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The team went to St. Louis for the [Canyons School District](http://www.canyonsdistrict.org/" target="_blank">FIRST Robotics World Championship April 24-27 and finished 38th out of the 100 teams in its division, which was one of four.
At a glance
[Canyons School District](http://www.canyonsdistrict.org/" target="_blank">FIRST Robotics is a competition of the nonprofit FIRST, which stands for For Inspiration and Recognition of Science and Technology.
The 2013 Utah Regional took place in March.
Hillcrest High competed for the first time and was honored with the Rookie All Star Award, which qualified them to go to the world championship in St. Louis, Mo.
"It was amazing to compete in a competition on a scale of that size," said Matt Bennett, a senior. "It was eye-opening to see all the teams from all over the world and the methods they came up with."
Although the team did not make it to the championship round, Castleton said he was very impressed with the overall experience.
"We made some tactical mistakes that caused us a shot at the finals, but we already have ideas to make next year better," he said.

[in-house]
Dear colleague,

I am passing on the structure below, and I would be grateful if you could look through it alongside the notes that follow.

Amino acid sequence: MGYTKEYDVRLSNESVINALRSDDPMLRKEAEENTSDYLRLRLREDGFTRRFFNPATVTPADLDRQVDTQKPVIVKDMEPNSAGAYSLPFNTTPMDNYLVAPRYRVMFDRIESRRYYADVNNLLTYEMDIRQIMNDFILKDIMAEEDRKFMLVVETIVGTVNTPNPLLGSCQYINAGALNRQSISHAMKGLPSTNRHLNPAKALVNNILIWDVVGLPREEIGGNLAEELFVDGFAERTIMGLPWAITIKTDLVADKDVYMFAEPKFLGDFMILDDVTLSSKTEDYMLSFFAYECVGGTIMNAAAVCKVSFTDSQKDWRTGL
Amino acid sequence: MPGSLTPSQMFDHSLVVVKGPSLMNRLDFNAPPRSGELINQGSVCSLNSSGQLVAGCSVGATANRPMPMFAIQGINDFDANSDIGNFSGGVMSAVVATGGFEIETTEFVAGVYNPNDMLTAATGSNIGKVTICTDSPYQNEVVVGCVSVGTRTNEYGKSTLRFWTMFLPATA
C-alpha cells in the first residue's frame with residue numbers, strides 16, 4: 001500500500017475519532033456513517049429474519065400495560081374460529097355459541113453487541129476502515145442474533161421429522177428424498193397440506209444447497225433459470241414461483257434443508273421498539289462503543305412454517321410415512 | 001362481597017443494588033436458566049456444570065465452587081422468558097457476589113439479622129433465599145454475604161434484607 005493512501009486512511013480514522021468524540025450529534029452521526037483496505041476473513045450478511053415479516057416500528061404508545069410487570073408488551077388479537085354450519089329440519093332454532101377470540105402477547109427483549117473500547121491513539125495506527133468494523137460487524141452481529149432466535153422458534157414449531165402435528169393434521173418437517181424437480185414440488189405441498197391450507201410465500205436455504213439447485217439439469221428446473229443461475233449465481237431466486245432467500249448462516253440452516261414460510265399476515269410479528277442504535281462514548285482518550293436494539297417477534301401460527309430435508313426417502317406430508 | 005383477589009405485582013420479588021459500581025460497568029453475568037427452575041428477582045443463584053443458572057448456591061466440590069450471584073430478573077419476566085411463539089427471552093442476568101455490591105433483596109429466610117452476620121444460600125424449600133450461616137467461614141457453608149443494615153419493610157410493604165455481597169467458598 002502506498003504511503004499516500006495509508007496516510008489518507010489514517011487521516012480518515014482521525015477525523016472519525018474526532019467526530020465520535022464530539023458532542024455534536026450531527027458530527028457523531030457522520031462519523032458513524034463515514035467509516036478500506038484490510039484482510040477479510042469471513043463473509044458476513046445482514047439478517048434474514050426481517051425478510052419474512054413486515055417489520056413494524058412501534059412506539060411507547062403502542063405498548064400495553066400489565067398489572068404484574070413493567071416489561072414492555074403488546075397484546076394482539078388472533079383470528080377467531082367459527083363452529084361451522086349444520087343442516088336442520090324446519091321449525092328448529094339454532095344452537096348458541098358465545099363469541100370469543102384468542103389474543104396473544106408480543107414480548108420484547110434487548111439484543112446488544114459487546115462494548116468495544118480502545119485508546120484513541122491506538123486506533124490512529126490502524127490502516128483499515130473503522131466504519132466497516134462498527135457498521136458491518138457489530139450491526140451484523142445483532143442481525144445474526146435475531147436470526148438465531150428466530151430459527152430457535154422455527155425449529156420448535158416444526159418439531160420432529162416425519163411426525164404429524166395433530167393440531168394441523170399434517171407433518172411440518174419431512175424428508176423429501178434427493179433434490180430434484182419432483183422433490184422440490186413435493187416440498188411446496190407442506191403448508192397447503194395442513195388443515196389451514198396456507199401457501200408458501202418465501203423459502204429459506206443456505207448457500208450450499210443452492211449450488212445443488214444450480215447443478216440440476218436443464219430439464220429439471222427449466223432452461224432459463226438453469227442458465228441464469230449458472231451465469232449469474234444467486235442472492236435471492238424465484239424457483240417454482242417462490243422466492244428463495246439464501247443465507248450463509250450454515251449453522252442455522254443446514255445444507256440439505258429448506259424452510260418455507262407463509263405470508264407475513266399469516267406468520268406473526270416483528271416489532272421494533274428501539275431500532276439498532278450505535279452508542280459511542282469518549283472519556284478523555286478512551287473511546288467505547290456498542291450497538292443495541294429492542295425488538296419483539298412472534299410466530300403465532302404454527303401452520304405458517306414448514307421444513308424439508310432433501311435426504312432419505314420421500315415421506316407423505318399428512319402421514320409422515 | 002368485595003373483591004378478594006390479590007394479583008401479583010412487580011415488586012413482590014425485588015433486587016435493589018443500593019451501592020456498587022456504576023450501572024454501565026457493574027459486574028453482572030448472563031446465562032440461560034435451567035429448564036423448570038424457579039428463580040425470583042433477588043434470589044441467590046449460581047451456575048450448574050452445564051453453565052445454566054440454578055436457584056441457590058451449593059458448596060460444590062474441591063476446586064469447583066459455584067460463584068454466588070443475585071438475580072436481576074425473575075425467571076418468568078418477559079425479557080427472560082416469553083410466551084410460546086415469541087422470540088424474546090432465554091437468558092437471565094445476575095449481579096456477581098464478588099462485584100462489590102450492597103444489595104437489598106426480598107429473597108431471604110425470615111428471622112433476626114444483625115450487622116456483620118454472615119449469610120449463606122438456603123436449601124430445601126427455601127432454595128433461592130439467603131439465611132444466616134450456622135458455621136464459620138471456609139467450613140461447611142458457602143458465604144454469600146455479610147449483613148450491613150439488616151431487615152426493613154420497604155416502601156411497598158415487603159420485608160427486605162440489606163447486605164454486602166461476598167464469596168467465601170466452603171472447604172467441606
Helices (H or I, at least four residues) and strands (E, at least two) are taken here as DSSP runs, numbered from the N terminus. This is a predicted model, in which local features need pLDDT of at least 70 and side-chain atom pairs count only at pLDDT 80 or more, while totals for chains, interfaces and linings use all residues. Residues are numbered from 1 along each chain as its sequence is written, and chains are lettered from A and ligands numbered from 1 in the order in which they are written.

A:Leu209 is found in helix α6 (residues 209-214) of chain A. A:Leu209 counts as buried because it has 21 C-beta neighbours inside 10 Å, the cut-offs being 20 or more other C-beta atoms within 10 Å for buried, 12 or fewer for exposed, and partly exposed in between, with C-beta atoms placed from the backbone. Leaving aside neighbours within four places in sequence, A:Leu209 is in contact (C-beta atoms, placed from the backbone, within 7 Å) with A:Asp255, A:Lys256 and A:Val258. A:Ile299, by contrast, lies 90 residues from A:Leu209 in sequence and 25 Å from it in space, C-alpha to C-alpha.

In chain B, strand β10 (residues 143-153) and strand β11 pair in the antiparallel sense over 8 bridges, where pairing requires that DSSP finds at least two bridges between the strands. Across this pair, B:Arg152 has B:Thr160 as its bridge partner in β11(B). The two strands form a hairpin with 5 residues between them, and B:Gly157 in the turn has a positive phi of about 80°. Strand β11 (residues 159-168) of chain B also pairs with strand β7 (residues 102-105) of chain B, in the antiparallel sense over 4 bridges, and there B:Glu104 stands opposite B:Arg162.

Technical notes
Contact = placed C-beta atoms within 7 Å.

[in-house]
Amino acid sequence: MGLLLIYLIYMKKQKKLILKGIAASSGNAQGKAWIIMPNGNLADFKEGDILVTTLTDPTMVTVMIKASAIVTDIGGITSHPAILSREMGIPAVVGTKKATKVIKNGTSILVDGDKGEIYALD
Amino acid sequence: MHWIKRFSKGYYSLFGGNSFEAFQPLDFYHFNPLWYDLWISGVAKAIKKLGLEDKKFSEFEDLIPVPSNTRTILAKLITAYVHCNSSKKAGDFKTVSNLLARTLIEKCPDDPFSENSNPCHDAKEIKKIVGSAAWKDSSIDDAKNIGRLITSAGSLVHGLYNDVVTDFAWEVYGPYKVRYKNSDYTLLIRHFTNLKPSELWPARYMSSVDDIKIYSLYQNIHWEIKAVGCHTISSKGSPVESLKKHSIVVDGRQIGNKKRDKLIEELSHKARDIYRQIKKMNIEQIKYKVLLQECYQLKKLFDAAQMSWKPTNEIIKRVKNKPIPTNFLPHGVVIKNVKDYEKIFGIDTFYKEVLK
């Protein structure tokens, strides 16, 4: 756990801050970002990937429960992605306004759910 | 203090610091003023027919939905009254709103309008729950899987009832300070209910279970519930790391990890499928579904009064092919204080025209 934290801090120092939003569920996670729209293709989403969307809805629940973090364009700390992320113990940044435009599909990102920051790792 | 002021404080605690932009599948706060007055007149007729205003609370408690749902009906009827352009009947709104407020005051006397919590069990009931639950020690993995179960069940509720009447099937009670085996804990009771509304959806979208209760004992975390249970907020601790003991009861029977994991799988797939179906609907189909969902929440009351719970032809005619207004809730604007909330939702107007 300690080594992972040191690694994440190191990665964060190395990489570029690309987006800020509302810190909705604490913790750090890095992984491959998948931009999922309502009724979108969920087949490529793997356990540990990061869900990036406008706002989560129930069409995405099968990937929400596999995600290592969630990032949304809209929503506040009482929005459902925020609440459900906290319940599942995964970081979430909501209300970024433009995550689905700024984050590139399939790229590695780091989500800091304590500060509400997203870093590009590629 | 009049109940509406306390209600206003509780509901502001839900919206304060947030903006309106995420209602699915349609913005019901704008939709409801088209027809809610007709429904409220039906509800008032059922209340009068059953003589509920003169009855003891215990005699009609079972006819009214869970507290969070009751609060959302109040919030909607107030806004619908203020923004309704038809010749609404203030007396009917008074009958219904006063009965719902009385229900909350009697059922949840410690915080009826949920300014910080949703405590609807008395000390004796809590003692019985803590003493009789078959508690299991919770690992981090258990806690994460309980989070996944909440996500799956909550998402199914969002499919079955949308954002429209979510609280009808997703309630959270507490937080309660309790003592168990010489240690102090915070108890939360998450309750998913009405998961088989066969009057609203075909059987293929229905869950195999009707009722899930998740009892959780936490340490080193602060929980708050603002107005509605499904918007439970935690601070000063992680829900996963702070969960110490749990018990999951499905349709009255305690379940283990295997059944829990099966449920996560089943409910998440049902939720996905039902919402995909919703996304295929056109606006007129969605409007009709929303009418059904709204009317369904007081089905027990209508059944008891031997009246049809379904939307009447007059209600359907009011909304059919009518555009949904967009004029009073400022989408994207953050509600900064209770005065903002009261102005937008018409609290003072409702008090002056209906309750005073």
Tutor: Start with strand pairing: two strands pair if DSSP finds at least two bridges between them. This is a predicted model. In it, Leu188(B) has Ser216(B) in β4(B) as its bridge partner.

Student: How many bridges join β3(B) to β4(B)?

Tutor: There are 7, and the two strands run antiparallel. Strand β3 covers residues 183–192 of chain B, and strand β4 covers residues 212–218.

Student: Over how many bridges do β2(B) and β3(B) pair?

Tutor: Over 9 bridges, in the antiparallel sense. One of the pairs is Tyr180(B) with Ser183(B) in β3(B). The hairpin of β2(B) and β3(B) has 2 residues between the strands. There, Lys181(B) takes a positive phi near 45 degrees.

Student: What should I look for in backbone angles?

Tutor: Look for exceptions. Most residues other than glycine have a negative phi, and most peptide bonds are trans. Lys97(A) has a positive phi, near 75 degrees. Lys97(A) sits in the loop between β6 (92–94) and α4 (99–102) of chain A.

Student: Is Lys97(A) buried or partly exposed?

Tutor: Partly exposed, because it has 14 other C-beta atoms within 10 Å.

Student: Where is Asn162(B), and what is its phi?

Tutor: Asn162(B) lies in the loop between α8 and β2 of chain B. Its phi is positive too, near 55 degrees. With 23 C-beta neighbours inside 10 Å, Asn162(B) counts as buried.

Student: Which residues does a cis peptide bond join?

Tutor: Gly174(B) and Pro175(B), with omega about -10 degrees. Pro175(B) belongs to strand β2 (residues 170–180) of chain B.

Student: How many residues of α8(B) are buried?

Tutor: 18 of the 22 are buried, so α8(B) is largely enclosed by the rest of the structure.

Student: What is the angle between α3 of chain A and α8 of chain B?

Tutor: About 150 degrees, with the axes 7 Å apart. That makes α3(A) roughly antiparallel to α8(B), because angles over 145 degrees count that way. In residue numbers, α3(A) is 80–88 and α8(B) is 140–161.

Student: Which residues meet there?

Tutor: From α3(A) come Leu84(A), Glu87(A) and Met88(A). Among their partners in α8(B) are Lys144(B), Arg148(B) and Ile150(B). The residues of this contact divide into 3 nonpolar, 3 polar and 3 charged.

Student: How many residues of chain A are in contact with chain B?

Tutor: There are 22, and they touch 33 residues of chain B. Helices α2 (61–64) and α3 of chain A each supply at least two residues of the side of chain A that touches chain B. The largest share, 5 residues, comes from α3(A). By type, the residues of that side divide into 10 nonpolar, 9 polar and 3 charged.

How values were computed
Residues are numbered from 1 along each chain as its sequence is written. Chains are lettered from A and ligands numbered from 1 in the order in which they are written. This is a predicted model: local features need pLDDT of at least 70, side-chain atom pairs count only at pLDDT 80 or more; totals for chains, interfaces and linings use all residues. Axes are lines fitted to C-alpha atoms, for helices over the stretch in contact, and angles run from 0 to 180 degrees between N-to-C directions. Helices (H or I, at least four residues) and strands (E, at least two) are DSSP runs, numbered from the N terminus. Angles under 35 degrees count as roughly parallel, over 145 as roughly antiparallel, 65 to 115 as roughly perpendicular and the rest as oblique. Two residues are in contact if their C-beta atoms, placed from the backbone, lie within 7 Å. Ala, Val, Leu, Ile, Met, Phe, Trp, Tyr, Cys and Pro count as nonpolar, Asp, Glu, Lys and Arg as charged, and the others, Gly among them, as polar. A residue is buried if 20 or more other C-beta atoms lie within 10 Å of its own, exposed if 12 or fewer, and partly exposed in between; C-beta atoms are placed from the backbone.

Castleton said that not only have a lot of people taken interest in the robotics program, but colleges especially pay attention to it.
"The fact that you can put this on a college résumé, that gets noticed, and this is something that’s gaining respect in engineering," he said. "Somewhere around 19 percent of MIT incoming freshmen were on [Canyons School District](http://www.canyonsdistrict.org/" target="_blank">FIRST Robotics teams."
Senior Megan Barrett said she was uncertain at first about taking the robotics class, but after the first day, she was excited. Working on the project, she bonded with her teammates.
"Our entire team became a family," she said. "It’s something I’ll never forget, and I’m glad it’s something I’m able to do my senior year."
Barrett said she’s not just proud of the success of the team, but she hopes other students will be more aware of how much the field of science and engineering has to offer.
"It allows more people in my own school to see it’s not just a program to build a robot that crashes into something or into another robot," Barrett said.
Aside from robotics, students earned business skills because they had to approach local and major companies to get sponsorship. Among many contributions, they received $3,000 from Sinclair Oil and the same amount from Comcast, which also provided an engineer to mentor the team.
"We want to build a sustainable program," Castleton said.
That means reaching out to elementary and middle-school kids and getting them interested in the robotics program.
"If we can mentor them and sponsor them, that just starts them all the sooner, and that’ll be fabulous," Castleton said.
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